In an age when even an adjunct professor could make less than an employee at McDonald’s, and in a culture where eviction is systemically profit-driven, new forms of economical living appear more attractive and necessary all the time. As such, tiny house projects have been springing up around the country with obvious appeal.
Designed as rudimentary shelters, often at costs ranging from a few thousand to a few tens of thousands, they have been touted as a viable solution to ending the problem of homelessness. Of course, some pushback has occurred, like the unconscionable eviction of those living in immiseration from their tiny houses and back onto the streets of Los Angeles by Mayor Eric Garcetti. Similar efforts to displace the less fortunate in Chicago are taking place at the “Tent City” viaduct at Wilson Avenue under the instruction of pro-development Alderman James Cappleman, as diligently reported by social-service organization Uptown Uprising. Their pressure, and that of others, seems to have garnered results: in recent months, Mayor Emanuel has appointed a task force and Cappleman has announced plans to relocate the tent citizens into housing (though as yet with few specifics).
The recent shift to a housing-first model is an important and laudable one. Both would do well to have a close look into how the specific problem of youth homelessness has been addressed in a “tiny houses” design competition, organized by a consortium comprised of AIA Chicago, AIA Chicago Foundation, Landon Bone Baker Architects, Windy City Times, Pride Action Tank and the Alphawood Foundation. With more than 200 design submissions from architects around the nation and beyond, the winning group was the trio of Terry Howell and Lon Stousland of Antunovich Associates and Marty Sandberg, of Via Chicago Architects. Their design won them a five-thousand dollar award and the chance to build a prototype of their tiny house, which consortium plans suggest will be placed in Bronzeville under the operation of Pride Action Tank. The winning design was showcased at the Pride Action Tank Tiny Homes Summit recently at the University of Illinois at Chicago (UIC).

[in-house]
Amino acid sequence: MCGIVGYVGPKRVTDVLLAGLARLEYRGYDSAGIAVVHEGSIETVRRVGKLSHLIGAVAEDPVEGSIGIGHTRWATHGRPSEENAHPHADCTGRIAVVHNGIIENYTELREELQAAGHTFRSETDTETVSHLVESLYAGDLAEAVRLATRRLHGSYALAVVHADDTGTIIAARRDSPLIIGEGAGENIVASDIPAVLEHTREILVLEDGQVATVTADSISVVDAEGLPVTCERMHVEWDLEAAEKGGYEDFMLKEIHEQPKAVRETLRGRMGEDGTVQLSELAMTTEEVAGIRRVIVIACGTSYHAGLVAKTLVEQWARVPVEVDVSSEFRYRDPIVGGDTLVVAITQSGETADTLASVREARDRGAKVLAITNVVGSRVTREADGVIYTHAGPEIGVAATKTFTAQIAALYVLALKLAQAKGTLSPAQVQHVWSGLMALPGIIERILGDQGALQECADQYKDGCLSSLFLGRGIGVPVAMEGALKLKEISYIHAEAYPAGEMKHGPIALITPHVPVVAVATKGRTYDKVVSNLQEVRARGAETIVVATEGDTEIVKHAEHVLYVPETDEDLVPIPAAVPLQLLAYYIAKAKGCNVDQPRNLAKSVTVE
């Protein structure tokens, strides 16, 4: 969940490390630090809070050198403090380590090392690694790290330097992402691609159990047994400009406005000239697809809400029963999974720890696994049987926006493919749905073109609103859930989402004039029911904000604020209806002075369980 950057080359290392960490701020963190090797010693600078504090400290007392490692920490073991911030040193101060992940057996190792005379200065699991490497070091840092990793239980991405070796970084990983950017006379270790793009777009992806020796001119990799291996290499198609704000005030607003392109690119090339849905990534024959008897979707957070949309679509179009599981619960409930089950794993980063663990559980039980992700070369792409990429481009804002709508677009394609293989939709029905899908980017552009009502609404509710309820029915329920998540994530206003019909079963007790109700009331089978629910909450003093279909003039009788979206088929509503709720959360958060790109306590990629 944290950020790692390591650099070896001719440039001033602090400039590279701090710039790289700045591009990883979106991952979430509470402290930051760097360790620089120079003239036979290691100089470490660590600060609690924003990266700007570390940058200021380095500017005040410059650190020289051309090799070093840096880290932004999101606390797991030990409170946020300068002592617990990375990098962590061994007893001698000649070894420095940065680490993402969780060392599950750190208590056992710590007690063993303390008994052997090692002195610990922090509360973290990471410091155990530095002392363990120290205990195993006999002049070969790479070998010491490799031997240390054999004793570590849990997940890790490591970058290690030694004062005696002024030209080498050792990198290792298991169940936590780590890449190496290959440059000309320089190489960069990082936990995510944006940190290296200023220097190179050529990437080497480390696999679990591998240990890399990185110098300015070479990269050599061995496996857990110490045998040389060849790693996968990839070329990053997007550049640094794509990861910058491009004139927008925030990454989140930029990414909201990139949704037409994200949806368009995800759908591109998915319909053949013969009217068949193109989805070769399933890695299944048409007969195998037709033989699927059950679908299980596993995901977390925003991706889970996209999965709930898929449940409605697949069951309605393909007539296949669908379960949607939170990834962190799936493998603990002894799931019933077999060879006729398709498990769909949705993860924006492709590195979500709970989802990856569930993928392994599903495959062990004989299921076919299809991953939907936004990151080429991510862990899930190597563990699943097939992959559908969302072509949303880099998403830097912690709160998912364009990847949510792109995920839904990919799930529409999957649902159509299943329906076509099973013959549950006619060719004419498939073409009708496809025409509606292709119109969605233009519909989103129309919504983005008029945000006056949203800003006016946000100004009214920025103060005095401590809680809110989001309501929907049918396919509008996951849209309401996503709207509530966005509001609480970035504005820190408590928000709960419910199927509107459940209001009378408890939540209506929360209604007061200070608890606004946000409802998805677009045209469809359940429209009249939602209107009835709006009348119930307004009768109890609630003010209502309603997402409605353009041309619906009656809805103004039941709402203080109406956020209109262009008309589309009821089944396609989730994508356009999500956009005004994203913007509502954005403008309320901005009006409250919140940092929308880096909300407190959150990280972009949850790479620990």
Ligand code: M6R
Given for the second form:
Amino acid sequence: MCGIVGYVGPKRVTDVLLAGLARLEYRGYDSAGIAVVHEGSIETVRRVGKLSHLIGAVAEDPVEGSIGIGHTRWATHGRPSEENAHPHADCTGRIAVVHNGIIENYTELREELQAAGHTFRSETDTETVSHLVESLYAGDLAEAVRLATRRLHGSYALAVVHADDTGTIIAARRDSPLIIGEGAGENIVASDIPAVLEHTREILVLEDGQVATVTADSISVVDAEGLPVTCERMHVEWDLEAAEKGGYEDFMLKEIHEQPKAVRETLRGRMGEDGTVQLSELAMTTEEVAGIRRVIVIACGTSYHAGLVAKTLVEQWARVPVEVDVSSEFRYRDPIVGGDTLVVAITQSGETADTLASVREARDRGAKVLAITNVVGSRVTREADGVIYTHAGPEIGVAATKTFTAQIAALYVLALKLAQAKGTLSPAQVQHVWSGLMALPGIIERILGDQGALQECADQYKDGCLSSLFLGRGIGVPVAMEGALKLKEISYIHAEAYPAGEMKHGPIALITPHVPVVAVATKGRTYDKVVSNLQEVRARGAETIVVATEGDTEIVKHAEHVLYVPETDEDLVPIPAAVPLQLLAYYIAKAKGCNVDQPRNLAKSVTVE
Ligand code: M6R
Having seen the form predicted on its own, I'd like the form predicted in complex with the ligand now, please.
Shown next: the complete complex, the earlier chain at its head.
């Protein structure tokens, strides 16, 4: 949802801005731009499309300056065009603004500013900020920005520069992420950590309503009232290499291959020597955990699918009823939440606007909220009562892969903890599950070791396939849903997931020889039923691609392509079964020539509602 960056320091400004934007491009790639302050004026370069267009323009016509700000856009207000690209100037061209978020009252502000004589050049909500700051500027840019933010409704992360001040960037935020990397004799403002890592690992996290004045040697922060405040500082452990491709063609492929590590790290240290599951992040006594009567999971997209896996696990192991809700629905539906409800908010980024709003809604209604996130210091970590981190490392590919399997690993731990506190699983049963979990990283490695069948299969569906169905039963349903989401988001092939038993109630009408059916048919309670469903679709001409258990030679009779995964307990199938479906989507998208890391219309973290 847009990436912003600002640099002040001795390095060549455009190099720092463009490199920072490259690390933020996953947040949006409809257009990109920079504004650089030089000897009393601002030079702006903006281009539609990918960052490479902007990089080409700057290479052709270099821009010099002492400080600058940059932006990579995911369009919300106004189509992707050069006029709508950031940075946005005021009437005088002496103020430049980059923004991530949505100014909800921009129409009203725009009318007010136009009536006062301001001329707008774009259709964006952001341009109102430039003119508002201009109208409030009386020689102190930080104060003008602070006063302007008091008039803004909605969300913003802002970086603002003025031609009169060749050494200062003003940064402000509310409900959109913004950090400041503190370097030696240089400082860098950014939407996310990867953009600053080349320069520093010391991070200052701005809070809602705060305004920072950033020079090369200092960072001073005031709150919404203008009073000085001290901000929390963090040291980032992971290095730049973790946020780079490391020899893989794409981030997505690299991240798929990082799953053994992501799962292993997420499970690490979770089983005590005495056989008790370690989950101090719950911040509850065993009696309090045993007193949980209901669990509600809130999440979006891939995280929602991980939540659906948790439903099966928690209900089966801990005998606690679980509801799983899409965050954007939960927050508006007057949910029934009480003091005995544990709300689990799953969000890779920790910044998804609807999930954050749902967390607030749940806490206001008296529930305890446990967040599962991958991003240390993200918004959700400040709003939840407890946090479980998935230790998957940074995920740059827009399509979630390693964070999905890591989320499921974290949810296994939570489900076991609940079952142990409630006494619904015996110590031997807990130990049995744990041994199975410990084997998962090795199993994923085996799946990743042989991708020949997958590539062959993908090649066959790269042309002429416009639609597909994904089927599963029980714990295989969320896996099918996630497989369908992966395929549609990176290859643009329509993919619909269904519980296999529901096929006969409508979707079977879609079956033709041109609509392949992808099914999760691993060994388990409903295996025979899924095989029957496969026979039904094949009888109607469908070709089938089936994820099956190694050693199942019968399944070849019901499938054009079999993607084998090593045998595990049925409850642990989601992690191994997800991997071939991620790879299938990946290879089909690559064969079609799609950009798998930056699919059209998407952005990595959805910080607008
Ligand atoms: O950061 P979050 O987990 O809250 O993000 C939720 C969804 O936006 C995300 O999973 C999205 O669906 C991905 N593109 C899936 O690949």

While perhaps a workable stopgap solution, tiny houses may not provide the necessary long-term housing needs sought by those informed advocates in the community. “I think the city should allocate land for citizen-supplied tiny houses and then the city should do everything they can to replace the tiny houses with standard housing,” says Yehuda Rothschild of Uptown Uprising, a staunch advocate and frontline fighter in the pushback against the persecution of Tent City residents. “Tents are not humane in this climate, though clearly an improvement over nothing. Tiny houses should be the low bar an advanced society provides, in my opinion.” (Michael Workman)
For more info, visit tinyhomeschicago.org.
Michael Workman is an artist, writer, dance, performance art and sociocultural critic, theorist, dramaturge, choreographer, reporter, poet, novelist, curator, manager and promoter of numerous art, literary and theatrical productions. In addition to his work at The Guardian and Newcity, Workman has also served as a reporter for WBEZ Chicago Public Radio, and as Chicago correspondent for Italian art magazine Flash Art. He is currently producing exhibitions, films and recordings, dance and performance art events under his curatorial umbrella, Antidote Projects. Michael has lectured widely at universities including Northwestern University, The School of the Art Institute of Chicago and The University of Illinois at Chicago, and served as advisor to curators of the Whitney Biennial. His reporting, criticism and other writing has appeared in New Art Examiner, the Chicago Reader, zingmagazine, and Contemporary magazine, among others, and his projects have been written about in Artforum, The New York Times, Artnet, The Financial Times, The Huffington Post, The Times of London, The Art Newspaper, The Wall Street Journal, New York Magazine, Art In America, Time Out NY, Chicago and London, The Gawker, ARTINFO, Flavorpill, The Chicago Tribune, NYFA Current, The Frankfurter Algemeine, The Chicago Sun-Times, The Village Voice, Monopol, and numerous other news media, art publications and countless blog, podcast and small press publishing outlets throughout the years.